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Pipe Top Chart Pattern

pipe top chart pattern

Pipe Tops occur after a short-term uptrend and consist, on a weekly chart, of two taller than normal price spikes with roughly equivalent high prices. A sell signal is triggered when price closes below the lowest low of the two spike price bars.

Pipe Bottom Chart Pattern

pipe bottom chart pattern

In contrast, a Pipe Bottom occurs after a short-term downtrend and consists of two taller than average weekly price spikes with similar low prices. Note that Bulkowski (2005) finds that the two "pipe" price bars share on average 66% of the same price levels and don't necessarily have to bottom at the same price level. A buy signal is triggered when prices close above the highest high in the pattern. Kirkpatrick & Dahlquist (2010) point out that the pipe tops and pipe bottoms should stand out from the prior trends, this means that for pipe tops, the price bar before and price bar after should have their high price at the bottom price area of the pipe top price bars; conversely, the price bar before and after the pipe bottom should have their lows near the top price area of the pipe bottom bars (p. 374).

Average Max Breakout Decline - Pipe Top

pipe top downside breakout decline average

According to Bulkowski (2005), the average decline after a sell signal is triggered for the pipe top formation and before any 20% reversal correction is a decline of 20%;

Average Max Breakout Gain - Pipe Bottom

pipe bottom upside breakout gain average

The average gain after a buy signal is triggered for the pipe bottom formation is a gain of 45%; in fact, Bulkowski ranks the pipe bottom the second best performing pattern and the pipe top the fourth best performing pattern of 23.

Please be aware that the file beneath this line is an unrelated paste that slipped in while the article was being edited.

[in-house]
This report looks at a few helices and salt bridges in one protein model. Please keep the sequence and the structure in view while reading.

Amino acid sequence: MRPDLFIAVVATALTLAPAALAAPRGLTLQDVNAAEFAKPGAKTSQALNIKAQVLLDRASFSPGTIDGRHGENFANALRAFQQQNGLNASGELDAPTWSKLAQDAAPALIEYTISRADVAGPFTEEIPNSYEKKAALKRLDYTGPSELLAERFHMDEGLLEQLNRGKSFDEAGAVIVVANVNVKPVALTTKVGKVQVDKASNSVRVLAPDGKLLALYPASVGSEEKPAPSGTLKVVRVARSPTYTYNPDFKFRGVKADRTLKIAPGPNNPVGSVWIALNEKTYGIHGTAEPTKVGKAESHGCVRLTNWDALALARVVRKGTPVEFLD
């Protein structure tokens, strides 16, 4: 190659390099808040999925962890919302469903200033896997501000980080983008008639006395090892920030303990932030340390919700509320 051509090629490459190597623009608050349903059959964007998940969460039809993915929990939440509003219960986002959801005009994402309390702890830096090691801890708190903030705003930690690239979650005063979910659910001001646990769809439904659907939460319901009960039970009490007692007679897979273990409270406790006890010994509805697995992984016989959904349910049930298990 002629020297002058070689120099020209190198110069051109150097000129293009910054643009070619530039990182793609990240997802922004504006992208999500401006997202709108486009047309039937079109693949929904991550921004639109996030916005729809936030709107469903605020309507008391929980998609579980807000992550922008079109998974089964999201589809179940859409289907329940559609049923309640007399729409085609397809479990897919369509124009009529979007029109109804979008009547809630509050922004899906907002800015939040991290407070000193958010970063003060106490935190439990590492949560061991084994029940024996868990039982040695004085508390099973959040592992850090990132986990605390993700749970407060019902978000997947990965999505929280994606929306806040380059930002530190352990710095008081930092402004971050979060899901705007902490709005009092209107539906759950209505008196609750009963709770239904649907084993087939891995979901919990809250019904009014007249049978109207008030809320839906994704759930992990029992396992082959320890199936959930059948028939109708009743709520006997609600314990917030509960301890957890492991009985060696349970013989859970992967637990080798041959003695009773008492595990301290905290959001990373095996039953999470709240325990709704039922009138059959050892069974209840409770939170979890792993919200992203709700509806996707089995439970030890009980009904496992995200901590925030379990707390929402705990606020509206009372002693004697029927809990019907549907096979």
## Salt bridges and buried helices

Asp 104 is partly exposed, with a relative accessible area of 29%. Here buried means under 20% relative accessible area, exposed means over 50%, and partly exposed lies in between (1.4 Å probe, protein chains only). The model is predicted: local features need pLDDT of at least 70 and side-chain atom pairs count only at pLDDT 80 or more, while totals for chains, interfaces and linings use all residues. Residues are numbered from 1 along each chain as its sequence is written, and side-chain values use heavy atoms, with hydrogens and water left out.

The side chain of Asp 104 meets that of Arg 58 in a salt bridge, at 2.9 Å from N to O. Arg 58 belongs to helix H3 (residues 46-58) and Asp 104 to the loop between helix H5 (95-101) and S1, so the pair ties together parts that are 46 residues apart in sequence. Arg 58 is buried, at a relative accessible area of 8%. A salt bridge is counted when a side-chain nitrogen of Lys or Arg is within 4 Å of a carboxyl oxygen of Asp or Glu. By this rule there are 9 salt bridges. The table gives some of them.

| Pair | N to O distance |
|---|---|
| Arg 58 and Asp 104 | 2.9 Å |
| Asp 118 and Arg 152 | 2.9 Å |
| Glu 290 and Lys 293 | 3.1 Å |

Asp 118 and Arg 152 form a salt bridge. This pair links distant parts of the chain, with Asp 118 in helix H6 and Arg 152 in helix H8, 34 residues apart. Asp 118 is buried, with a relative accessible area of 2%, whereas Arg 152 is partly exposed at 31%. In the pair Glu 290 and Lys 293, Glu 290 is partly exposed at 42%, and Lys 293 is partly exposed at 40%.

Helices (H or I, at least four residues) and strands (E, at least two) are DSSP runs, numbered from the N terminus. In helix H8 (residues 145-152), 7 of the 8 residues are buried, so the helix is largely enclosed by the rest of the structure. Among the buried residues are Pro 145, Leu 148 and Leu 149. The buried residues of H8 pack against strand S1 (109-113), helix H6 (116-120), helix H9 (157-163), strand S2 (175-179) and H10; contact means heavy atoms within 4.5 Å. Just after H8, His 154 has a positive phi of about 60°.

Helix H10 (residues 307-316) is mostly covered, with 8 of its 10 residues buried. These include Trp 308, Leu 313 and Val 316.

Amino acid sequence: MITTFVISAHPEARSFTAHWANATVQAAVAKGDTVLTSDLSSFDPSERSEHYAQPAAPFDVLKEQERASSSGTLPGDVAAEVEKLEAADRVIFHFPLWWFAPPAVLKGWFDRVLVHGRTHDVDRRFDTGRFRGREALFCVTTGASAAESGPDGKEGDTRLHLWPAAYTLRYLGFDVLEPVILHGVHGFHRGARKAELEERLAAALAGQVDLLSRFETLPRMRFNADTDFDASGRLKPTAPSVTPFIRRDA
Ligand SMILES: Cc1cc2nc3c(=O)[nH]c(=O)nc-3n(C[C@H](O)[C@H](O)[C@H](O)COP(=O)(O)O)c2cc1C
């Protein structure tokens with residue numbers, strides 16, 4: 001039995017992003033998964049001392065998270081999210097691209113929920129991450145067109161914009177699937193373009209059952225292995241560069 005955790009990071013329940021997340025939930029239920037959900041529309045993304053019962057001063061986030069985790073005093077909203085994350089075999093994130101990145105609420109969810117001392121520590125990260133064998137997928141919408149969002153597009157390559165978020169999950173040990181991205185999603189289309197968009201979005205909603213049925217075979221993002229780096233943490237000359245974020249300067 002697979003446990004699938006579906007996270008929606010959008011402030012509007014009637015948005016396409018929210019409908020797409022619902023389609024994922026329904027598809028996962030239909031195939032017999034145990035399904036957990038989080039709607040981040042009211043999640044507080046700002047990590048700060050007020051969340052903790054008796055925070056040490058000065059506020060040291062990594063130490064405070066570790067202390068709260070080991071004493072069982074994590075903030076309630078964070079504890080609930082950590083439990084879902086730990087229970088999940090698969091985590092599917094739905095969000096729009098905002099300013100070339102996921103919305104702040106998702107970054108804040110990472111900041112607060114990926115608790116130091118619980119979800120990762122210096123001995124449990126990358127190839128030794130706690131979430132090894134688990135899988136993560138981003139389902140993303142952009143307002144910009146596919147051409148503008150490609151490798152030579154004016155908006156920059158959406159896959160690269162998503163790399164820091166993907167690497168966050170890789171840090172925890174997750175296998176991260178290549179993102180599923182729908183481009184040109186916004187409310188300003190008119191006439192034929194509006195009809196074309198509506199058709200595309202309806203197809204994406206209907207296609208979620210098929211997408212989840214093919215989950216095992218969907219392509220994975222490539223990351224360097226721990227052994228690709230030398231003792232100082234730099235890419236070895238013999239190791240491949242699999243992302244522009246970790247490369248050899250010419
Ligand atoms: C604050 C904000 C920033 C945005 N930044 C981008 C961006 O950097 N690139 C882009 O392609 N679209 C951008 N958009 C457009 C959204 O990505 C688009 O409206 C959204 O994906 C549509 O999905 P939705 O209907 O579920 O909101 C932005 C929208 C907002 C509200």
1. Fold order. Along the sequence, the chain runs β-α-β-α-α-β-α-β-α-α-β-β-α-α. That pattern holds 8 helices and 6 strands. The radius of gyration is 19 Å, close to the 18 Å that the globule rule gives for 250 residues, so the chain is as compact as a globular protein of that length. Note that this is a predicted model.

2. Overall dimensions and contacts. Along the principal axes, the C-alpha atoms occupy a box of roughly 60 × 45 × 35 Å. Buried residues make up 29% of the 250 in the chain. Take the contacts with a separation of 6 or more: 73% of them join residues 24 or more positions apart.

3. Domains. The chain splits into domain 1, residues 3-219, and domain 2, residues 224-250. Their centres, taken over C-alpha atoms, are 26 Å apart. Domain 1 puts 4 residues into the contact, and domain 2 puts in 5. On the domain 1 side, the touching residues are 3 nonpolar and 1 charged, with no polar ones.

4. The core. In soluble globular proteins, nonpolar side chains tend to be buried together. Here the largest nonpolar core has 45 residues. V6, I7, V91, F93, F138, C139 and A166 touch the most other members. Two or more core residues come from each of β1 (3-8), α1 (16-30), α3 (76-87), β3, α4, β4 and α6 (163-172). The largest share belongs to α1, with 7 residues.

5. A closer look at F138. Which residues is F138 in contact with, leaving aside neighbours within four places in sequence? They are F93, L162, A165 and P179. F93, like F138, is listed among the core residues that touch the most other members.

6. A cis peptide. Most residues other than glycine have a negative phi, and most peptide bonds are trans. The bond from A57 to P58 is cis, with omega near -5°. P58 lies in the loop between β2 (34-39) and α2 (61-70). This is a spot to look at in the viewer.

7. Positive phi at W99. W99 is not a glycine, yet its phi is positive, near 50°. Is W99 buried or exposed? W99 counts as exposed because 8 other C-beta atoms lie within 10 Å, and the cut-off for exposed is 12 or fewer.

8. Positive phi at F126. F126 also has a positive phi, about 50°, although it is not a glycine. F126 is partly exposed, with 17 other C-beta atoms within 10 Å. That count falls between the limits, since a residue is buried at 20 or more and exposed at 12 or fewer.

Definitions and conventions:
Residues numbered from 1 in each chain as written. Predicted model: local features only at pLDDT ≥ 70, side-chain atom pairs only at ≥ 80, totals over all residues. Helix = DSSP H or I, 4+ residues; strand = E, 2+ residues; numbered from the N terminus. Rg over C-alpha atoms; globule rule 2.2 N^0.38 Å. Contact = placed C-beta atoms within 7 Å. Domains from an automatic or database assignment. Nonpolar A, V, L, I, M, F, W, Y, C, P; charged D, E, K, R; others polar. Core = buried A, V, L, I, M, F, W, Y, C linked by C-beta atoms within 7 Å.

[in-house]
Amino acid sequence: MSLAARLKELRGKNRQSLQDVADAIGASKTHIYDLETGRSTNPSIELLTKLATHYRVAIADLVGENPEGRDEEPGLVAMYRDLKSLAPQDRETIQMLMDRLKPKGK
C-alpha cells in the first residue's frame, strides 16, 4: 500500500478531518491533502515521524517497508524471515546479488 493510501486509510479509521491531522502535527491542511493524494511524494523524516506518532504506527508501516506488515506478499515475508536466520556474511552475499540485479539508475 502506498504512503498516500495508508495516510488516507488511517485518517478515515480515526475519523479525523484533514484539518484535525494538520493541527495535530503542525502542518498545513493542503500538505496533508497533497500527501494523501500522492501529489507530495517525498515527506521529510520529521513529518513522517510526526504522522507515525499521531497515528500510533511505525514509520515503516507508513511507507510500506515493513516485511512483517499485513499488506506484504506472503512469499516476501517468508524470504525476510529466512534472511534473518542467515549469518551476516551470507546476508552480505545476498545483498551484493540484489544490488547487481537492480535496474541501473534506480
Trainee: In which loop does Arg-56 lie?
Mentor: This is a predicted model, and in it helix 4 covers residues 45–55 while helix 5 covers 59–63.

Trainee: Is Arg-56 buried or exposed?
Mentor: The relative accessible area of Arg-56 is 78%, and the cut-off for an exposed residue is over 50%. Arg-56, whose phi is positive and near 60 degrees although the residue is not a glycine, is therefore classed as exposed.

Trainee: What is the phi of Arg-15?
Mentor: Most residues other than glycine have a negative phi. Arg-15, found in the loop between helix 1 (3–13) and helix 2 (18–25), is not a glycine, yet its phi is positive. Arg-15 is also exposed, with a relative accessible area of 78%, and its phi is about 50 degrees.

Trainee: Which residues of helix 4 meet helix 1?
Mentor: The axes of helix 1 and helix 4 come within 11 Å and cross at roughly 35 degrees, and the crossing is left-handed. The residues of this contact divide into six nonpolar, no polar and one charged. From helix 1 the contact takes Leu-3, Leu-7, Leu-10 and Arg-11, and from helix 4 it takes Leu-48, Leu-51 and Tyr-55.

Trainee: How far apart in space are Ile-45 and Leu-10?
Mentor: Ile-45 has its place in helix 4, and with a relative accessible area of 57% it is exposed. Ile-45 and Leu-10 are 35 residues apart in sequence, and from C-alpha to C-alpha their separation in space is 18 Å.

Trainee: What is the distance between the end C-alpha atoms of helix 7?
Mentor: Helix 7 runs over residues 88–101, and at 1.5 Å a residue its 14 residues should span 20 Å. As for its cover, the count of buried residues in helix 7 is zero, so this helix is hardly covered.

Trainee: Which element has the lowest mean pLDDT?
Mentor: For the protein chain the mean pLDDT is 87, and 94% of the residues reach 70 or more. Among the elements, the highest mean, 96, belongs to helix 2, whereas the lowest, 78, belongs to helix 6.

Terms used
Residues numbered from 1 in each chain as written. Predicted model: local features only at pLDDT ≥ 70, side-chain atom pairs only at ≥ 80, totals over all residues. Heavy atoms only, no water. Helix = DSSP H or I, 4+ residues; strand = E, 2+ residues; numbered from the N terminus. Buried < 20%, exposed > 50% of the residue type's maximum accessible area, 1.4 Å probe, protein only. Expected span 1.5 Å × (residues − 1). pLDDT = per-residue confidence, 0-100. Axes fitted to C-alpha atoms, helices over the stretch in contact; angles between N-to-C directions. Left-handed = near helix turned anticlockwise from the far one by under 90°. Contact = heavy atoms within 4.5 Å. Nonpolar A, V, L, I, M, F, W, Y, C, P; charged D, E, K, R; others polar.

Pipe Price Target

The suggested price target for pipe tops and pipe bottoms given by Bulkowski (2005) is shown below:

Pipe Bottom Breakout Upward: Highest of the Two Price Bar Highs + ((Highest of the Two Price Bar Highs - Lowest of the Two Price Bar Lows) * 83%)
Pipe Top Breakout Downward: Lowest of the Two Price Bar Lows - ((Highest of the Two Price Bar Highs - Lowest of the Two Price Bar Lows) * 70%)

Important Traits that Increase the Effectiveness of the Pipe Pattern

Traits that increase the effectiveness of the pipe pattern are given next (Bulkowski, 2005):

  • Longer pipes are superior
  • The best pipe tops occur at the top of a retracement in a downtrend; but avoid pipe tops that appear after a very long downtrend
  • The best pipe bottoms occur at the bottom of an extended downtrend (over 6 months long)
  • Pipes with a lower left spike perform best (i.e. for a pipe top, the first price bar's high is less than the second price bar's high; for a pipe bottom, the first price bar's low is less than the second price bar's low)
  • Pipe tops that occur within a third of the 52-week low perform best
  • Pipe bottoms that occur within a third of the 52-week high perform best

Pipe Top Chart Example

chart example with a pipe top that resulted in a new downtrend

The chart above of the 20+ Year Treasury Bond ETF (TLT) illustrates a pipe top. As is typical with the pipe top formation, the first day starts near the low of the price bar and then closes near the high. The second day is the reverse, opening near the high and closing near the low. When prices closed below the low of the pipe top formation, a sell signal was triggered.

Pipe Bottom Chart Example

chart example with a pipe bottom that kicked off a new uptrend

The weekly chart of the S&P 500 ETF (SPY) illustrates a pipe bottom. Notice that the pipe bottom has many attributes Bulkowski (2005) found to be desireable: the pipe bottom occurs after a very long downtrend (518 days from highest high to pipe bottom); the pipe bottom bars are taller than the average price bar; the left pipe is slightly lower than the right pipe; and the price bar prior to the pipe bottom and after it are at the top end of the price range of the pipe bars making the pipe bottom pattern stand out visually on a chart. Once prices on the weekly price bar surpassed and closed above the high of the pipe bottom pattern, a buy signal was triggered.

Works Referenced

  1. Nison, S. (2003) The Candlestick Course. Hoboken: John Wiley & Sons.
  2. Nison, S. (1994) Beyond Candlesticks: New Japanese Charting Techniques Revealed. New York: John Wiley & Sons.
  3. Nison, S. (1991) Japanese Candlestick Charting Techniques. New York: New York Institute of Finance.
  4. Rhoads, R. (2008) Candlestick Charting For Dummies. Hoboken: Wiley Publishing.
  5. ThinkorSwim. (2011). ThinkorSwim Resource Center: Candlestick Patterns Library.
  6. The Pattern Site. (2005). Bulkowski’s Pipe Bottoms . Retrieved June 1, 2012, from http://thepatternsite.com/pipeb.html
  7. The Pattern Site. (2005). Bulkowski’s Pipe Tops . Retrieved June 1, 2012, from http://thepatternsite.com/pipet.html